Google Mostly Loses Appeal Over EU’s $4B Android Antitrust Fine

A top European court has largely upheld a record fine imposed on Google by the European Commission over antitrust violations related to its Android mobile operating system. The EU charged that Google was stifling competition by using its Android dominance to forcibly require phone makers to include apps for Google services.

The Alphabet-owned Google challenged the 2018 fine, but on Wednesday the European Court of Justice’s General Court mostly confirmed the decision to penalize the company more than 4 billion euros ($3.99 billion).

“In order better to reflect the gravity and duration of the infringement,” it’s appropriate to impose a fine of 4.125 billion euros on Google, the court said (PDF). That’s slightly lower than the original 4.34 billion euro penalty, as the court said its reasoning differed “in certain respects” from the commission’s.

“We are disappointed that the court did not annul the decision in full,” Google said in a statement. “Android has created more choice for everyone, not less, and supports thousands of successful businesses in Europe and around the world.”

The fine — still a record — is one of three the EU antitrust watchdog imposed on Google between 2017 and 2019, totaling about $8.5 billion.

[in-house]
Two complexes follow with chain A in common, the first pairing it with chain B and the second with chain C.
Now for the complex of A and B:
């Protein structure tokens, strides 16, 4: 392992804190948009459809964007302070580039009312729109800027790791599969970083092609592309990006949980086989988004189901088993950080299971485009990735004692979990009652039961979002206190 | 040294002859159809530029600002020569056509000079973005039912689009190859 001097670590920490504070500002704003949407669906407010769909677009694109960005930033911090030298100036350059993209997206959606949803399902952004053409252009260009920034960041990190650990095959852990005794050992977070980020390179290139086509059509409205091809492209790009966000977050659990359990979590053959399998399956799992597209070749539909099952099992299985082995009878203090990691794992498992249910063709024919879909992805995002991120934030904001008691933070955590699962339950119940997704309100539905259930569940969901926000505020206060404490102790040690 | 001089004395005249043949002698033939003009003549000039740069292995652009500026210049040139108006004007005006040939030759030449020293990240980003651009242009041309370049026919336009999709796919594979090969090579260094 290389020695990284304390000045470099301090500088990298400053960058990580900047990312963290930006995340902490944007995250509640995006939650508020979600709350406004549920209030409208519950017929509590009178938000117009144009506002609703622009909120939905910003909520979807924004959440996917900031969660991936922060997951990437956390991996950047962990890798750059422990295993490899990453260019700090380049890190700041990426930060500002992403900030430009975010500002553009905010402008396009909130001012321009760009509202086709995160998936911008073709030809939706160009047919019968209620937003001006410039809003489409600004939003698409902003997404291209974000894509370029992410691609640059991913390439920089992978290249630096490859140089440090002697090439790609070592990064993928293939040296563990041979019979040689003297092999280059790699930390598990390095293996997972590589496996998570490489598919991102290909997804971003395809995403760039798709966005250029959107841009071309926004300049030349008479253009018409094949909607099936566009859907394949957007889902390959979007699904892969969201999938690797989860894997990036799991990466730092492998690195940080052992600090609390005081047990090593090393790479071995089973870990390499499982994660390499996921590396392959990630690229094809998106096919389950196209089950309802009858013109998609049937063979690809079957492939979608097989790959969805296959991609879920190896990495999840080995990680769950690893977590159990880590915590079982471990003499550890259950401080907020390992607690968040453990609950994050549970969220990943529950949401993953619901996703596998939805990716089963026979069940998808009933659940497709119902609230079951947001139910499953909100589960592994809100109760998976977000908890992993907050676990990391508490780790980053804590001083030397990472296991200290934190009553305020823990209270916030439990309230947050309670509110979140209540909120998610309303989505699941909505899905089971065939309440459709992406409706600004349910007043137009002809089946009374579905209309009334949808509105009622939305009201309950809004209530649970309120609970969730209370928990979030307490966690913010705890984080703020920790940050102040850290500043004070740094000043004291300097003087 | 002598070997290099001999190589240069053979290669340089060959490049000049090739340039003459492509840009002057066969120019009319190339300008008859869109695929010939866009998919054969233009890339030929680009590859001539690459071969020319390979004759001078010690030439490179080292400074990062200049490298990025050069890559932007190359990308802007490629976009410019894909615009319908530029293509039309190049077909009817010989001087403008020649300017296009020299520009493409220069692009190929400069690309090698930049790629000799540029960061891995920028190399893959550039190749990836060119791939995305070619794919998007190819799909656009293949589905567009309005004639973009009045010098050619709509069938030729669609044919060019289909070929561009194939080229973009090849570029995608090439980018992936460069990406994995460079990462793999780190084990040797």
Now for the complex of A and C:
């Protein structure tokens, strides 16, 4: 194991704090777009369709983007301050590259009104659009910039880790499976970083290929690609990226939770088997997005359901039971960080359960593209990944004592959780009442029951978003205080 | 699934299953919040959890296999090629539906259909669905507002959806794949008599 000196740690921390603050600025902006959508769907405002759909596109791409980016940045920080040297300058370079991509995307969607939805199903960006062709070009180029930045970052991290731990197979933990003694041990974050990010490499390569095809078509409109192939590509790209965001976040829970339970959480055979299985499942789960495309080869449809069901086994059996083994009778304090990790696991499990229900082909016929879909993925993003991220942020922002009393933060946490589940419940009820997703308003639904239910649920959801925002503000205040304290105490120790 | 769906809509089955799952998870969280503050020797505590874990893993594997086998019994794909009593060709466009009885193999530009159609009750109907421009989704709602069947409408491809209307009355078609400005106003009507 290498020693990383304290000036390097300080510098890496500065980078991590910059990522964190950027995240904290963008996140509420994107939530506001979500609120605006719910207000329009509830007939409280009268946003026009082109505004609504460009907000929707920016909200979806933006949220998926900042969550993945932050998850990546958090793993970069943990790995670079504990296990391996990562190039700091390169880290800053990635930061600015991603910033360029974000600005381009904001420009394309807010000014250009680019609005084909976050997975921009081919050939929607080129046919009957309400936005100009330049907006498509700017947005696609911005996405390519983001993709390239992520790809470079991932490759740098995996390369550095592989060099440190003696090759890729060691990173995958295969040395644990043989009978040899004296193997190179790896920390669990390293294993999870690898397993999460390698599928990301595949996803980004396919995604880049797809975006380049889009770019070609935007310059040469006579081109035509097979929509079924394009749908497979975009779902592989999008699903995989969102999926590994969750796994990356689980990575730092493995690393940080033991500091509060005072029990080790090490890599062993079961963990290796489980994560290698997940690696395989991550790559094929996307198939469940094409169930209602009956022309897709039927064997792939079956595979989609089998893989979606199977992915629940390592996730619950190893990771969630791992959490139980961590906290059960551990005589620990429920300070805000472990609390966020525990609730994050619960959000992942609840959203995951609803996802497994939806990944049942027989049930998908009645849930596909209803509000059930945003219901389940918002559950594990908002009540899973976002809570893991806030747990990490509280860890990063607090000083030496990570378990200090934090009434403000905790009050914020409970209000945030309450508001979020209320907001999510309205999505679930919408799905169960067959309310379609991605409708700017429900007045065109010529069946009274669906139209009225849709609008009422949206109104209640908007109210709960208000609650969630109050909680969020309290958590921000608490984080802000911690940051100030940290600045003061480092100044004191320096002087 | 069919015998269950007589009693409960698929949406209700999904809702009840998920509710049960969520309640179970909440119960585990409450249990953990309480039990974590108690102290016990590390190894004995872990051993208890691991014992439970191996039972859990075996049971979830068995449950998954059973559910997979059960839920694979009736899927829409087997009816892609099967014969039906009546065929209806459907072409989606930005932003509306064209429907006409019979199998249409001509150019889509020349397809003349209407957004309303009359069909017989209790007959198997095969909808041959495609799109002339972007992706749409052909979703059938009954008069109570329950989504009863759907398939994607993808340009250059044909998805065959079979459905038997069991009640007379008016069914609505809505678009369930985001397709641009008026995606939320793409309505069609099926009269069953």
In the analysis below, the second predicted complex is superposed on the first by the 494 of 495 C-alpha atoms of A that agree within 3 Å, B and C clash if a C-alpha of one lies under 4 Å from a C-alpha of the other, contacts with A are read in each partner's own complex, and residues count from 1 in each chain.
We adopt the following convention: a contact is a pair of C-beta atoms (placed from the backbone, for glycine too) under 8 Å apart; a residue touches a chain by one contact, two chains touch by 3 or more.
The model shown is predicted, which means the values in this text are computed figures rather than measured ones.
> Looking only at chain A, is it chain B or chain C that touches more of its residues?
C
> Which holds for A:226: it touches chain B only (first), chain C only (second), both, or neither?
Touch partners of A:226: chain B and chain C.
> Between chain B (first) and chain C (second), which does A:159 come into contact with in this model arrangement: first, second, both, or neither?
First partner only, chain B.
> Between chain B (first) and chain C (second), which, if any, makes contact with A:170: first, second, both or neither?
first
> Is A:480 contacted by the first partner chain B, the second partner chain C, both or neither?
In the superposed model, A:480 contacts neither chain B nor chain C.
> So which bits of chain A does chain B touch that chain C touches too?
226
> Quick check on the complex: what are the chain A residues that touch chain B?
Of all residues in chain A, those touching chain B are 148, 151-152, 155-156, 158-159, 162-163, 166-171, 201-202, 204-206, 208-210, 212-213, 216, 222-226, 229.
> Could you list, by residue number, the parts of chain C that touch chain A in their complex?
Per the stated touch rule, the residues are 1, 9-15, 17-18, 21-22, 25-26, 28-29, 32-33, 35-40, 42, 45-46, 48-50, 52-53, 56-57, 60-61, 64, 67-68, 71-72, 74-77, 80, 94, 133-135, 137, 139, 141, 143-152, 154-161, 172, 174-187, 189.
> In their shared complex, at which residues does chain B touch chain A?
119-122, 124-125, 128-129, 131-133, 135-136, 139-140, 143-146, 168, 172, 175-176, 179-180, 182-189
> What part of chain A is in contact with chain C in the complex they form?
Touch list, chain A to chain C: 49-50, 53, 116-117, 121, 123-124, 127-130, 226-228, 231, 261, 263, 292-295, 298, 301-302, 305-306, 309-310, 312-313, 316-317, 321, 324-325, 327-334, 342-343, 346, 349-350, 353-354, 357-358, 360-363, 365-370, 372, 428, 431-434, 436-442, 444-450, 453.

The EU found that Google’s agreements with phone makers stifled competition and reduced choices for consumers because companies such as Huawei, Samsung and LG are completely dependent on Android. The agreements required that certain Google apps and search tools, as well as the Google Play Store, must be preinstalled on Android devices, which allows Google to preserve and strengthen its dominance in search.

Google has previously argued that by providing Android software free of charge to device makers, it’s enabled the proliferation of cheap phones and, in doing so, has increased access to online services. The company also pointed out that if users want to download rival services, they’re free to do so.

EU consumer group BEUC called the ruling “crucial” in a statement, adding that “it confirms that Europe’s consumers must enjoy meaningful choice between search engines and browsers on their phones and tablets.”

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